How NOT to view the eclipse:
- Through the clouds
- Through mylar used for balloons, “space blankets” or anything not made specifically for solar eclipse viewing by an established, reputable supplier
- Through eyepiece “sun filters” included with some small telescopes
- Though ANY telescope or binoculars without a specially made solar filter
Why is direct viewing of a partial eclipse so DANGEROUS to my eyes?
Have you ever tried to look directly at the sun? I hope not, but you may have accidentally glanced at it and noticed that IT HURTS! The iris of your eye is a muscle. When the sun is directly in view, it closes down by contracting as much as it can to protect your retina. Just like any other muscle, it hurts when it contracts as hard as possible. During a partial eclipse, less of the sun’s yellow disk is exposed. That means that your natural defense mechanism of iris contraction is weaker, making it easier to look at it directly. Don’t do it! If ANY PART of the yellow disk is exposed, it can burn your retina possibly resulting in permanent damage and loss of sight. The only time you can look directly is during totality, and that will not happen at all in WNY during this eclipse.
How to SAFELY view the eclipse:
- Through solar eclipse viewers made by established, reputable suppliers
- Through #14 welders glass
- Through a telescope ONLY with a full-aperture solar filter made by an established, reputable supplier. Be sure to cover or remove any finder scope to prevent accidents. Don’t have a telescope and filter? Visit one of our viewing sites listed above!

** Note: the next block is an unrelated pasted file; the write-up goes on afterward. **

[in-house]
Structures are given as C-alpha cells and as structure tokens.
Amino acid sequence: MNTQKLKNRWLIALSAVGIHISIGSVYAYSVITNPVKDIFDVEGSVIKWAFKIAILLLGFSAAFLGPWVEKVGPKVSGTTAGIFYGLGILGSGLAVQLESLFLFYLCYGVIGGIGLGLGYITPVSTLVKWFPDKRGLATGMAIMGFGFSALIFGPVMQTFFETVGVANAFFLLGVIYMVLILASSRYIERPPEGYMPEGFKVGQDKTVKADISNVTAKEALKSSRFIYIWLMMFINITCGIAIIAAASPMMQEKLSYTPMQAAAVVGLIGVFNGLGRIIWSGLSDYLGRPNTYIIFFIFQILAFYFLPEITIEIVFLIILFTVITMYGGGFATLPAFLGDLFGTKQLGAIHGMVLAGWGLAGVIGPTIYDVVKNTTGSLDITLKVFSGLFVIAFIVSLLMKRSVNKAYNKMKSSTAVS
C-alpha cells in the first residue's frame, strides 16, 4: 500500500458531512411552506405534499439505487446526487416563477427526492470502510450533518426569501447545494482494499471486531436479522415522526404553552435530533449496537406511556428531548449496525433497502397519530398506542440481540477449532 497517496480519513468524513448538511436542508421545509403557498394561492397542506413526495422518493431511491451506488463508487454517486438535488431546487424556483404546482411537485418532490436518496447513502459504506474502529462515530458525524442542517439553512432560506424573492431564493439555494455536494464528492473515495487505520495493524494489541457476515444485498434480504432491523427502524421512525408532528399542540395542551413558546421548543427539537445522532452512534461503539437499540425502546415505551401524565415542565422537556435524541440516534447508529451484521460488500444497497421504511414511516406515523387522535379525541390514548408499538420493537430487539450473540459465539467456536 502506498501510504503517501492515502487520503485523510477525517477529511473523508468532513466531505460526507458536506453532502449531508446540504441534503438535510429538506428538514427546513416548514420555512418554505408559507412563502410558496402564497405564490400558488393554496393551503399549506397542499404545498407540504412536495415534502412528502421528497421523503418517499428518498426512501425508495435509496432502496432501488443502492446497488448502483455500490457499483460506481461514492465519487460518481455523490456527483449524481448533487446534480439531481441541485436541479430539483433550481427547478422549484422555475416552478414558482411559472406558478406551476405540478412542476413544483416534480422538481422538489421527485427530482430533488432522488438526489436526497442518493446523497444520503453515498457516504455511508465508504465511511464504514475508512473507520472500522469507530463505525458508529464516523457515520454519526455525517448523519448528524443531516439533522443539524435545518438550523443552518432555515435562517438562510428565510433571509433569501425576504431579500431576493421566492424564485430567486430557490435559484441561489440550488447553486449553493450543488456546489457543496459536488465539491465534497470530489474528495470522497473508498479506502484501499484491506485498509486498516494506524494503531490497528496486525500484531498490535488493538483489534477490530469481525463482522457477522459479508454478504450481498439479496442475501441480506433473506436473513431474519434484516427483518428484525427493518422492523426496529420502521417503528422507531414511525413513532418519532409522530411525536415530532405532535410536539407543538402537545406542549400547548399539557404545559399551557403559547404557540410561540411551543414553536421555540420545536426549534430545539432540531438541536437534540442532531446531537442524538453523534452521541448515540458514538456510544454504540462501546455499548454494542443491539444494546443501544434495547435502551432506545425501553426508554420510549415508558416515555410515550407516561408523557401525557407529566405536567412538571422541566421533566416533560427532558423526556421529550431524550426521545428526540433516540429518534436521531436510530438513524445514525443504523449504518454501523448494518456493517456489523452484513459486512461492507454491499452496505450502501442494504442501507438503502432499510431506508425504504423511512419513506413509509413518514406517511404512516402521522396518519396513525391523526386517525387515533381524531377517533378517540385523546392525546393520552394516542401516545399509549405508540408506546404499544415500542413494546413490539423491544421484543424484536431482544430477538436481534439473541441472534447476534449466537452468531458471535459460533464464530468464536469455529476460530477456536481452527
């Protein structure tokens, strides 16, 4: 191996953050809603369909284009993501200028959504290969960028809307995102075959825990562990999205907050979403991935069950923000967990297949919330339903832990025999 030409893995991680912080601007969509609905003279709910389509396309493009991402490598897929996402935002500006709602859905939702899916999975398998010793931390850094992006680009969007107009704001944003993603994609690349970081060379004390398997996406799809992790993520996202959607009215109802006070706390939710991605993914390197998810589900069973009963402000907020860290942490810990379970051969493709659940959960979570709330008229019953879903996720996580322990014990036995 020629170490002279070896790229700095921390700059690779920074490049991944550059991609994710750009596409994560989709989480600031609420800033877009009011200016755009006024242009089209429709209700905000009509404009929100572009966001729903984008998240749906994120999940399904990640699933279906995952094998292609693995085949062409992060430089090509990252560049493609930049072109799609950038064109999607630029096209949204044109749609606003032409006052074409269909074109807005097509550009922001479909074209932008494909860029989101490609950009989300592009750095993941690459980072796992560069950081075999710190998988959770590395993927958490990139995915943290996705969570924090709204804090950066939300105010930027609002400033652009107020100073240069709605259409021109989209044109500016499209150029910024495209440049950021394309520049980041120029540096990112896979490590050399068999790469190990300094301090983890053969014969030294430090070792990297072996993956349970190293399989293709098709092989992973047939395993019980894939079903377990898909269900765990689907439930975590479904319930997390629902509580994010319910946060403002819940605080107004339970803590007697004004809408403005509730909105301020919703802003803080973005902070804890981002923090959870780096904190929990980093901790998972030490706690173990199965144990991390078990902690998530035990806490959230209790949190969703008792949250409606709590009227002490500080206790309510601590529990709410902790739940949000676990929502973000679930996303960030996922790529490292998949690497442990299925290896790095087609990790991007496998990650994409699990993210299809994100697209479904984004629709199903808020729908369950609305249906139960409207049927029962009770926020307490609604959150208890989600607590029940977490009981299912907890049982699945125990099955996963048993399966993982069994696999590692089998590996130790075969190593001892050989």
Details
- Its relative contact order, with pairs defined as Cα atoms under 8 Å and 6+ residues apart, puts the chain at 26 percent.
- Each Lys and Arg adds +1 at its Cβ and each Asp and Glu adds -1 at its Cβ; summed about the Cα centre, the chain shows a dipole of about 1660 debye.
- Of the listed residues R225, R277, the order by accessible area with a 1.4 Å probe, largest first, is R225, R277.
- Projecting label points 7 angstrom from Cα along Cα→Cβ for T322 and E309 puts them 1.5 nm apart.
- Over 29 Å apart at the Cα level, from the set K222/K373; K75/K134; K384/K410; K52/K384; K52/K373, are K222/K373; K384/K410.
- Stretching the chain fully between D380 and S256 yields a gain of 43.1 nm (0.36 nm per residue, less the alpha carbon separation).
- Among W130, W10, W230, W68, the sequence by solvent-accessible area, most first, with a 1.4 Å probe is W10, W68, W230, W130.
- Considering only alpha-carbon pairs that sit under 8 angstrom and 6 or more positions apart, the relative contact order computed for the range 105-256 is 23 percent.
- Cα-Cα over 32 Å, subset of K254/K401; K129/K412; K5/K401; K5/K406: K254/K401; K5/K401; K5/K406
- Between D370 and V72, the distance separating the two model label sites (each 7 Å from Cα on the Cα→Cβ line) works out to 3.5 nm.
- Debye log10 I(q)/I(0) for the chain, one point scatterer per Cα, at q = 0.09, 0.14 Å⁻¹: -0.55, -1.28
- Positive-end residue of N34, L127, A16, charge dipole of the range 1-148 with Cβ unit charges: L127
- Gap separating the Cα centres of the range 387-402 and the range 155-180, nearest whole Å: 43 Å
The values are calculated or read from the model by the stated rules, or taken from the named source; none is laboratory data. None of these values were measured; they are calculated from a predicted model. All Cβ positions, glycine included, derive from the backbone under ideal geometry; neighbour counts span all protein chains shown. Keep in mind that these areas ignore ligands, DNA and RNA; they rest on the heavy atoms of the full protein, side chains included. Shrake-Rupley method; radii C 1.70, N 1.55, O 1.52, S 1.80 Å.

- Projection with binoculars or a telescope (be careful!!)
- The Miller Mirror projection technique. Cover a mirror with paper or an envelope that has a dime sized hole in it. The sun’s image can be projected in to a dark area or dark room. That projected image will be large enough and dim enough for pleasant and safe viewing. Don’t look at the mirror; look at the projected image.
- Pinhole projection – a classic technique that works, but makes a very small image that is not particularly good for viewing. You can find instructions for:
- a cereal box viewer at http://hilaroad.com/camp/projects/eclipse_viewer/eclipse_viewer.html
- a triangular shipping box viewer at www.exploratorium.edu/eclipse/how.html.
- Pinhole projection through the leaves of a tree. Look around at the ground during the eclipse and see how many tiny images of the eclipsed sun you can find!
There are reports of counterfeit eclipse glasses. If you aren’t sure that the set you have are genuine and safe, ready this information from the American Astronomical Society: